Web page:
It’s no revelation that Americans have strange attitudes about politics. We like results, but we don’t like seeing the work required to accomplish them. We fear the government running amok, yet grow weary of gridlock in which nothing is accomplished. Political process is, as the term suggests, the way political goals are achieved. There are formal and informal aspects to this. Formal aspects are things like Constitutional and administrative procedures. Informal elements consist of backroom dealing, favor trading, and various forms of relationship management and networking.
A sexist culture harms everyone. Some are harmed more than others. I don’t think I need to argue that women bear the brunt of sexism’s consequences. I’ve written about it here a couple of times. But it affects men, too, and in ways that are often difficult to talk about. I don’t anticipate bringing a lot of links and scientific research to this post, though I will do so as I consider appropriate.
I recently came across an article discussing a TED Talk by a Baltimore police officer. The thesis: we (Americans) rely on police too much. I didn’t find that an unreasonable premise. It got me thinking about both policing as well as our criminal justice system. Do we depend on them too much? Consider all the ways in which we use police: * There are thousands of police officers assigned to schools all over the country.
In a political culture divided not simply by ideology, but basic judgments about reality, it should be no wonder that echo chambers–homogeneous clusters, in the research parlance–are commonplace. A couple of papers were brought to my attention, both written by (more or less) the same group of Italian researchers. They are: * [Debunking in a World of Tribes](http://arxiv.org/pdf/1510.04267v1.pdf) * [The spreading of misinformation online](http://www.pnas.org/content/113/3/554.full.pdf) I will quote from both, as needed.
It’s Meta Sunday. You know what that means. Every so often, I like to see what posts are getting the most attention. I’ve done it before in one of these Sunday posts. Time for an update! Rather than list specific articles, I will just note the general topics and themes that seem to do best around here (in terms of people reading them). What’s most popular? * History * Discussion of sexism and gender issues * Politics * Financial topics That’s cool.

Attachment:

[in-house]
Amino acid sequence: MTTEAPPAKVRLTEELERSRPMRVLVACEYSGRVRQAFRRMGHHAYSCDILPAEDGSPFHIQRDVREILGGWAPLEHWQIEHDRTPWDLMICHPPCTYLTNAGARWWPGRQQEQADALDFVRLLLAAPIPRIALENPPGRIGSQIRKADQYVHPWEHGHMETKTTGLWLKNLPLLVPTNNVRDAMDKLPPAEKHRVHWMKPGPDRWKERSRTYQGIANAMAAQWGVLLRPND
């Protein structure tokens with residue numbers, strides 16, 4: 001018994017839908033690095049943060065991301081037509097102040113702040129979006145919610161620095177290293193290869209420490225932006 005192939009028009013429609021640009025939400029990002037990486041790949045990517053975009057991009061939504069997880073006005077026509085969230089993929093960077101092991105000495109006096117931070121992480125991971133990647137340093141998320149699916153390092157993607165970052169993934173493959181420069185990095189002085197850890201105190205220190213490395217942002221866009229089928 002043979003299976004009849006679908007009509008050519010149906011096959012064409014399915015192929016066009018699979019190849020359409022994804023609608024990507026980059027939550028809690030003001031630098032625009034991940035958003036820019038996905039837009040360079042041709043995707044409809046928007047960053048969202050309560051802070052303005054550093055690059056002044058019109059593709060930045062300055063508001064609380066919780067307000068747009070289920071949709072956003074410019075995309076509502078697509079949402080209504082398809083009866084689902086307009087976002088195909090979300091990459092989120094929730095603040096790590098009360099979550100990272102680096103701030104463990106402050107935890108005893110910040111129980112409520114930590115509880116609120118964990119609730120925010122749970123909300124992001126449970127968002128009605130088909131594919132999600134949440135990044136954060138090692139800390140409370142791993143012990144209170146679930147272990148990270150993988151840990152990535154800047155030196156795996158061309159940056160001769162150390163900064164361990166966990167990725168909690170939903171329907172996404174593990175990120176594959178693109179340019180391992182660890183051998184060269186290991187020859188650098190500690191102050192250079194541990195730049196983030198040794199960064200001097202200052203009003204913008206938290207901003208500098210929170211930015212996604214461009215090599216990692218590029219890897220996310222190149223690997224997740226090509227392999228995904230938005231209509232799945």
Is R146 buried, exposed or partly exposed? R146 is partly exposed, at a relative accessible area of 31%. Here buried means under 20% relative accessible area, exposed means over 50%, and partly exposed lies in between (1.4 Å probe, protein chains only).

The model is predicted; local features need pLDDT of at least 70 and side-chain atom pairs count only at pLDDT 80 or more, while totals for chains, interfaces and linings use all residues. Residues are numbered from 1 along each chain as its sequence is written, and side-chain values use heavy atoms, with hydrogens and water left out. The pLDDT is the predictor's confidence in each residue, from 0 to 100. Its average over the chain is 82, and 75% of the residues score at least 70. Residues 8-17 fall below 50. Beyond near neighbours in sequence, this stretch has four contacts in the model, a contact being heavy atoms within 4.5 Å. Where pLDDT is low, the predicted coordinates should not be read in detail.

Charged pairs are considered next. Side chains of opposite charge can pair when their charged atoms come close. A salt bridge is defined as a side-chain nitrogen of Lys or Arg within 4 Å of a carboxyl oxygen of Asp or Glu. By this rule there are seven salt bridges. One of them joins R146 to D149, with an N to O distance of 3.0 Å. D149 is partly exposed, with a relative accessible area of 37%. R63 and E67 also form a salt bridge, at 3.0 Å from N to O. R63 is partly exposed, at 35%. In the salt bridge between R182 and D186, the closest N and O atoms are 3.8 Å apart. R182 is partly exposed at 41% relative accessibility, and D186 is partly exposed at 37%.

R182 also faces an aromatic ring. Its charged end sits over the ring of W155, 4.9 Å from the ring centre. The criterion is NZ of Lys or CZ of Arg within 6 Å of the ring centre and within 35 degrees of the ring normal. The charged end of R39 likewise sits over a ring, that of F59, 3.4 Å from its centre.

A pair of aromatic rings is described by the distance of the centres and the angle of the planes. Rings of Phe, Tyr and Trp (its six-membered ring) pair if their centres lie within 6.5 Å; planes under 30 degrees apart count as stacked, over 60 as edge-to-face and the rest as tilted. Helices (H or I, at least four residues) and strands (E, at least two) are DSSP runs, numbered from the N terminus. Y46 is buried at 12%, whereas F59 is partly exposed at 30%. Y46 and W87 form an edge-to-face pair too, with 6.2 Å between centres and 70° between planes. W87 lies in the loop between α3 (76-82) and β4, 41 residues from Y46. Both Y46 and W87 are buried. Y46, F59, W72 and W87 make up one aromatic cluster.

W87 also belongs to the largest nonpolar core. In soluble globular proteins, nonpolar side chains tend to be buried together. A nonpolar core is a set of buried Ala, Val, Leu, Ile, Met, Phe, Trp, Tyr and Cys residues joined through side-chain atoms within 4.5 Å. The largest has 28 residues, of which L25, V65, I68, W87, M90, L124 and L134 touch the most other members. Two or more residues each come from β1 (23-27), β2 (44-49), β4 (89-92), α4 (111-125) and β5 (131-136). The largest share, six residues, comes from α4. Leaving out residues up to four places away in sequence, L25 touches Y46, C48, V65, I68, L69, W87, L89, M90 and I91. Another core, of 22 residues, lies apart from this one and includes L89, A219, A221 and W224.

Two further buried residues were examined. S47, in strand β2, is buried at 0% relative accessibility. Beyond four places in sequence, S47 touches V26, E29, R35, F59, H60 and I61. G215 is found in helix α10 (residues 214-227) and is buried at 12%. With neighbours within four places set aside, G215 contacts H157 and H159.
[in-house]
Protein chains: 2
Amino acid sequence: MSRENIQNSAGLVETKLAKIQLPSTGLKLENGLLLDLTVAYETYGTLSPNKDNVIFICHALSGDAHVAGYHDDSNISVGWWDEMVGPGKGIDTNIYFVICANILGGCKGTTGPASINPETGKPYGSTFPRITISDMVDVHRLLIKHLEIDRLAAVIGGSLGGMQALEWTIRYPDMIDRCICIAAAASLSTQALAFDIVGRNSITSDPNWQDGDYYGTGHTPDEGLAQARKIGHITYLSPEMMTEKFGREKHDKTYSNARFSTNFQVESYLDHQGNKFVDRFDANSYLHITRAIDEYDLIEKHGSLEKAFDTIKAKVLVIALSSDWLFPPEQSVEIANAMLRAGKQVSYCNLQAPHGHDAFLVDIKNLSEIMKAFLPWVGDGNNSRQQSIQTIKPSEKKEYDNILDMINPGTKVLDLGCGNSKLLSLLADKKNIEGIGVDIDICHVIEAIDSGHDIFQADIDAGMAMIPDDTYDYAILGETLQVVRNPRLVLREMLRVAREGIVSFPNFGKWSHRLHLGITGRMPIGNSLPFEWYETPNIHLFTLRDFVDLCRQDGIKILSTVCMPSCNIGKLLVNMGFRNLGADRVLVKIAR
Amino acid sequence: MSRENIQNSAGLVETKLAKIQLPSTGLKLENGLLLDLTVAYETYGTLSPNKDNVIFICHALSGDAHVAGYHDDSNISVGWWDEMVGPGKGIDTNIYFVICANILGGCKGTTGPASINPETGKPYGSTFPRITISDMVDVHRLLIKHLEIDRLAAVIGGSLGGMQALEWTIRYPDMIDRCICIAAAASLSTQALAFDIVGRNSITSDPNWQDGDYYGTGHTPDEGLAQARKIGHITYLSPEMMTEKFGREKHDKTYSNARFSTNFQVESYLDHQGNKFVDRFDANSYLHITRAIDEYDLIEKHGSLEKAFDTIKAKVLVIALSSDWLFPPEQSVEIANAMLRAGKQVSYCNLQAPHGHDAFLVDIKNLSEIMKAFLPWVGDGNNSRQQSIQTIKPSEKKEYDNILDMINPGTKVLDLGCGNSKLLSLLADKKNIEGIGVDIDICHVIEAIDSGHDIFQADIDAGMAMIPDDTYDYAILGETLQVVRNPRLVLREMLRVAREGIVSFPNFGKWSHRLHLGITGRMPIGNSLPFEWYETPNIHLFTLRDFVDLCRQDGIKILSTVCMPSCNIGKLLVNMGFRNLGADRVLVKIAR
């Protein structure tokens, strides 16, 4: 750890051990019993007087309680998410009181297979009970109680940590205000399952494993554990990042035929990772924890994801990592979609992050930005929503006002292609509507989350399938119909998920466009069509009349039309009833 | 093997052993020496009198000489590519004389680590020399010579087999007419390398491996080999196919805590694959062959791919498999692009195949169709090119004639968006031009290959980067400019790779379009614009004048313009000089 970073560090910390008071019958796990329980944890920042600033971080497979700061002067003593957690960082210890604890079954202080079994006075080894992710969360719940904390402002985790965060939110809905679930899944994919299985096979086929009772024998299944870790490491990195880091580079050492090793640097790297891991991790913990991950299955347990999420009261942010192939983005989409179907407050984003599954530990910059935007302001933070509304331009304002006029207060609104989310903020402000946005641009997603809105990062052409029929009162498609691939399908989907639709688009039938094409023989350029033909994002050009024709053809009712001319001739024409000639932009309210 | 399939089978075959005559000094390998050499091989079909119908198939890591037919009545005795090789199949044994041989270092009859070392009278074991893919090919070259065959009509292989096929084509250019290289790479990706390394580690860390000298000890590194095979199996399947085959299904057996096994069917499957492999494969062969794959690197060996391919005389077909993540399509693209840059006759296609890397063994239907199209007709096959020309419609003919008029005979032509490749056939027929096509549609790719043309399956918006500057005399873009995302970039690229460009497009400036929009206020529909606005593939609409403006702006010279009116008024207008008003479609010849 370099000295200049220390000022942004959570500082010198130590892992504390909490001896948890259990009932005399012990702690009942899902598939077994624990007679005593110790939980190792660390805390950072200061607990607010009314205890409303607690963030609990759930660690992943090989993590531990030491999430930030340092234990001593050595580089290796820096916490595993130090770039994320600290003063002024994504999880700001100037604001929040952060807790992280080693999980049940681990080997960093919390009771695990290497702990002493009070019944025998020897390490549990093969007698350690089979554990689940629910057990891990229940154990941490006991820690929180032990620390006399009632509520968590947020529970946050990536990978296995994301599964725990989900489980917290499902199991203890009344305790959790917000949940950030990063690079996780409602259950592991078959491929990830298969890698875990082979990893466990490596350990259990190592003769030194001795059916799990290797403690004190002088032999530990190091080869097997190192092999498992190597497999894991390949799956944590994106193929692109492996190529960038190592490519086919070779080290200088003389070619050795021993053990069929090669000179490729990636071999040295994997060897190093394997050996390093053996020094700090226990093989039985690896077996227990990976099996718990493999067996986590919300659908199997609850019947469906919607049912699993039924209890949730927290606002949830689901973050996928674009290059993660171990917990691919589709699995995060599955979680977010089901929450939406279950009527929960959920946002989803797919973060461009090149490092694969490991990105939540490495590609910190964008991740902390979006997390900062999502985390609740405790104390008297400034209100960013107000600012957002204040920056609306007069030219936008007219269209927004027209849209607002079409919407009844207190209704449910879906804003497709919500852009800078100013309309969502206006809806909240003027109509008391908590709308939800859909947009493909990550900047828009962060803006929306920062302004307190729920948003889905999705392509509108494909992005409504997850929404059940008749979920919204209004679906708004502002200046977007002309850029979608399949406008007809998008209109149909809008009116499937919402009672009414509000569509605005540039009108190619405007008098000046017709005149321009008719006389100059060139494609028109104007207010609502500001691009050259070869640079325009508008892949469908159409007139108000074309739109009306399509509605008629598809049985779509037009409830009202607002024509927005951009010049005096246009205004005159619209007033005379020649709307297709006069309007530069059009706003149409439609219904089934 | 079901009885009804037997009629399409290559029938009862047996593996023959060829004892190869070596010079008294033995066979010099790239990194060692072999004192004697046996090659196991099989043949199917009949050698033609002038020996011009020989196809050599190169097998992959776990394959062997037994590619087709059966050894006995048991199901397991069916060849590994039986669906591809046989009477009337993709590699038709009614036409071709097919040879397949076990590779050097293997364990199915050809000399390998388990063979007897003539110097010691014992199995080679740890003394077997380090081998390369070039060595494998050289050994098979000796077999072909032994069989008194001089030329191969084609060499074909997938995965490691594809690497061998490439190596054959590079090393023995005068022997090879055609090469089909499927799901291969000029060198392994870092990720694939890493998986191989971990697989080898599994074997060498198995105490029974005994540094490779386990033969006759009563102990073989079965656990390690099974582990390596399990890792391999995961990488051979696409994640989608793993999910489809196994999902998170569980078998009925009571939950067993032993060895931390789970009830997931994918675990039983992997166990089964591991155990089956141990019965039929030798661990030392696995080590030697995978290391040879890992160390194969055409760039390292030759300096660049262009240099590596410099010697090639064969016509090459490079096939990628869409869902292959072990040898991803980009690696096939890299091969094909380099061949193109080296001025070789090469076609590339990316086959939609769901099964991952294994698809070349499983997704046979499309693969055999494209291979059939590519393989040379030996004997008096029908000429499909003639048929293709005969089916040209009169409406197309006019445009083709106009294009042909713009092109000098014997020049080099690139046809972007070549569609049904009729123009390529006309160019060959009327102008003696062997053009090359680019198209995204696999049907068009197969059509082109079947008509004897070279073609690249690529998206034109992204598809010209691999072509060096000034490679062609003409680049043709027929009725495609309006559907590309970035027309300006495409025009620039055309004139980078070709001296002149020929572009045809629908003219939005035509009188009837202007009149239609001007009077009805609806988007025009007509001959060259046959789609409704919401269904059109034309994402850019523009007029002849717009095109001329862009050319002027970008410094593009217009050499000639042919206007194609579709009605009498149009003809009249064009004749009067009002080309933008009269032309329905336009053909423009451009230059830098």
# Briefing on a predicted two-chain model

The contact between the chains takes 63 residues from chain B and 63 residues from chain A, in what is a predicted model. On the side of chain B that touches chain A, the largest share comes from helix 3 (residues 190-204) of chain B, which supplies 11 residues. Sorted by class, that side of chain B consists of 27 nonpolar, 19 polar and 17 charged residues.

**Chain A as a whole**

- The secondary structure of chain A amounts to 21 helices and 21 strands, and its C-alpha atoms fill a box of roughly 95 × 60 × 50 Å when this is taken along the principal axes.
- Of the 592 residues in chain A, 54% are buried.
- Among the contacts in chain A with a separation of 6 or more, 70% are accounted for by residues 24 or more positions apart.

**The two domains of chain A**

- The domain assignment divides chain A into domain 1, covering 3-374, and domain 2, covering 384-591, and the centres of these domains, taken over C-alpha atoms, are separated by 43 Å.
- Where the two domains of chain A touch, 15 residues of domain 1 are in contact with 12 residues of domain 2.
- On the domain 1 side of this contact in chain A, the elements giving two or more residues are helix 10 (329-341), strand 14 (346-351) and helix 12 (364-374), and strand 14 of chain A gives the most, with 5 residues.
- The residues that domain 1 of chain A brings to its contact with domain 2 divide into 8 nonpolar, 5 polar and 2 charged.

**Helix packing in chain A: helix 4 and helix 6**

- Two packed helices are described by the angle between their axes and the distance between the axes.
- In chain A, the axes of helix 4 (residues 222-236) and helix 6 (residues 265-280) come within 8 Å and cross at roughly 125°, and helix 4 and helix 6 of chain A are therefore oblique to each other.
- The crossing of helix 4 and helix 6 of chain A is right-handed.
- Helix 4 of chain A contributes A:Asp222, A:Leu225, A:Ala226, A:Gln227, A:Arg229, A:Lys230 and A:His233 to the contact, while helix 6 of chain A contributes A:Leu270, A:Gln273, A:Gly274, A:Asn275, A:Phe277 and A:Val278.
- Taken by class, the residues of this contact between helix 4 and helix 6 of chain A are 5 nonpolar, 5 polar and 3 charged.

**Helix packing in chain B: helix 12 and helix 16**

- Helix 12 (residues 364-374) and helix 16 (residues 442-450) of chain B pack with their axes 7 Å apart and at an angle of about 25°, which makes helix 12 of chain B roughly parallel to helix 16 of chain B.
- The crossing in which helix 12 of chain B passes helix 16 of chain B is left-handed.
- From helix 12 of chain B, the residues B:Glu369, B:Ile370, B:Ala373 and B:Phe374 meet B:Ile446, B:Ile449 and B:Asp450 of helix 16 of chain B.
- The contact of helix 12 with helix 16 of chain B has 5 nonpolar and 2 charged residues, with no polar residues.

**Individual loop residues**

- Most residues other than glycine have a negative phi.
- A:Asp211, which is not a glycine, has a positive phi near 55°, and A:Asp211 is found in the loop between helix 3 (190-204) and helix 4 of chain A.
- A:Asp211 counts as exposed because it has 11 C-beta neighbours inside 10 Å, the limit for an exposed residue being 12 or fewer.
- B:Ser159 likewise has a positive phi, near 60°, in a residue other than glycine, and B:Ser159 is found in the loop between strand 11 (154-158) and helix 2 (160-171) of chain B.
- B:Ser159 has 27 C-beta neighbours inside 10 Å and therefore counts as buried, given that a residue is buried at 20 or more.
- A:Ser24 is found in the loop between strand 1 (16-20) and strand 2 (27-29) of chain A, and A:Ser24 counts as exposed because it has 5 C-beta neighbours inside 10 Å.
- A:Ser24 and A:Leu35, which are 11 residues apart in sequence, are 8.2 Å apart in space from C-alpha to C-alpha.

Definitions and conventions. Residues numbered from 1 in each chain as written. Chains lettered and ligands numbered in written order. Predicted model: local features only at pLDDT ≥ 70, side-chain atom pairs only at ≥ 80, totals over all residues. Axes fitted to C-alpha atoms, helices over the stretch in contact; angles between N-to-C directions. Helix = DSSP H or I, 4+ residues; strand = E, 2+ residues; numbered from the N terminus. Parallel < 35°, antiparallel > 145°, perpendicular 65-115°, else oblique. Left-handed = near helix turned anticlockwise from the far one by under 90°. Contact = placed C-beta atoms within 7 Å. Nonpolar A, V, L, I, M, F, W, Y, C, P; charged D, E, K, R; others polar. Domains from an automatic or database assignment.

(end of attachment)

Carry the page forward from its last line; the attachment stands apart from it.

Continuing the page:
I’m being buried under a couple feet of snow. Looks like a good time for some links! Crime and Punishment * [Election year anti-crime posturing could derail even limited sentencing reform](https://theintercept.com/2016/01/11/sentencing-reform-mandatory-minimums-election-surveillance-drug-treatment/) -- Another election season, another round of politicians stressing how much they hate crime and criminals, as if "tough on crime" attitudes have accomplished anything other than decades of misery. Transgender Issues * [Jewish transgender man gives birth and embraces life as a single "abba"](http://www.
Vermont Senator Bernie Sanders has made an impressive showing thus far in the 2016 Democratic Presidential primary season. Last summer, he was considered an incredible longshot–a guy with no chance in hell of securing the nomination. To have come from behind and shaped himself into a real contender is admirable. It is not, however, without its downsides. Most of Sanders’ support comes from white people. It has been claimed that there is a gender gap between Sanders and Clinton supporters, but this isn’t true: about half of Sanders’ supporters are women, same with Clinton.
I am very late to the party on this one. Too bad. I haven’t watched the movie, either. If you have somehow escaped having any knowledge of Andy Weir’s The Martian as well as its film adaptation, a synopsis is very simple: astronaut Mark Watney is stranded on Mars, alone, and must figure out how to survive and somehow get home. That’s it. The premise is about as straightforward as can be.
Never built a computer before? It’s not as hard as you think! This guide is not meant to be comprehensive, but to answer some of the most common questions I get with regard to computer building. First off, this is not about laptops, but desktops and other essentially stationary machines. Laptops are very limited in terms of their customizability so there’s not much to discuss there. That said, a new desktop computer will generally consist of the following parts:
I was recently embroiled in a discussion about police responses to dangerous situations. It was suggested that police, when responding to a mass shooting event, are generally able to stop or reduce the killing. Being the kind of person I am, I wondered if this was true. I had to find out! This LA Times piece was cited as evidence of effective police responses to mass shootings. It is a list of the 46 deadliest mass shootings in the US, in reverse chronological order.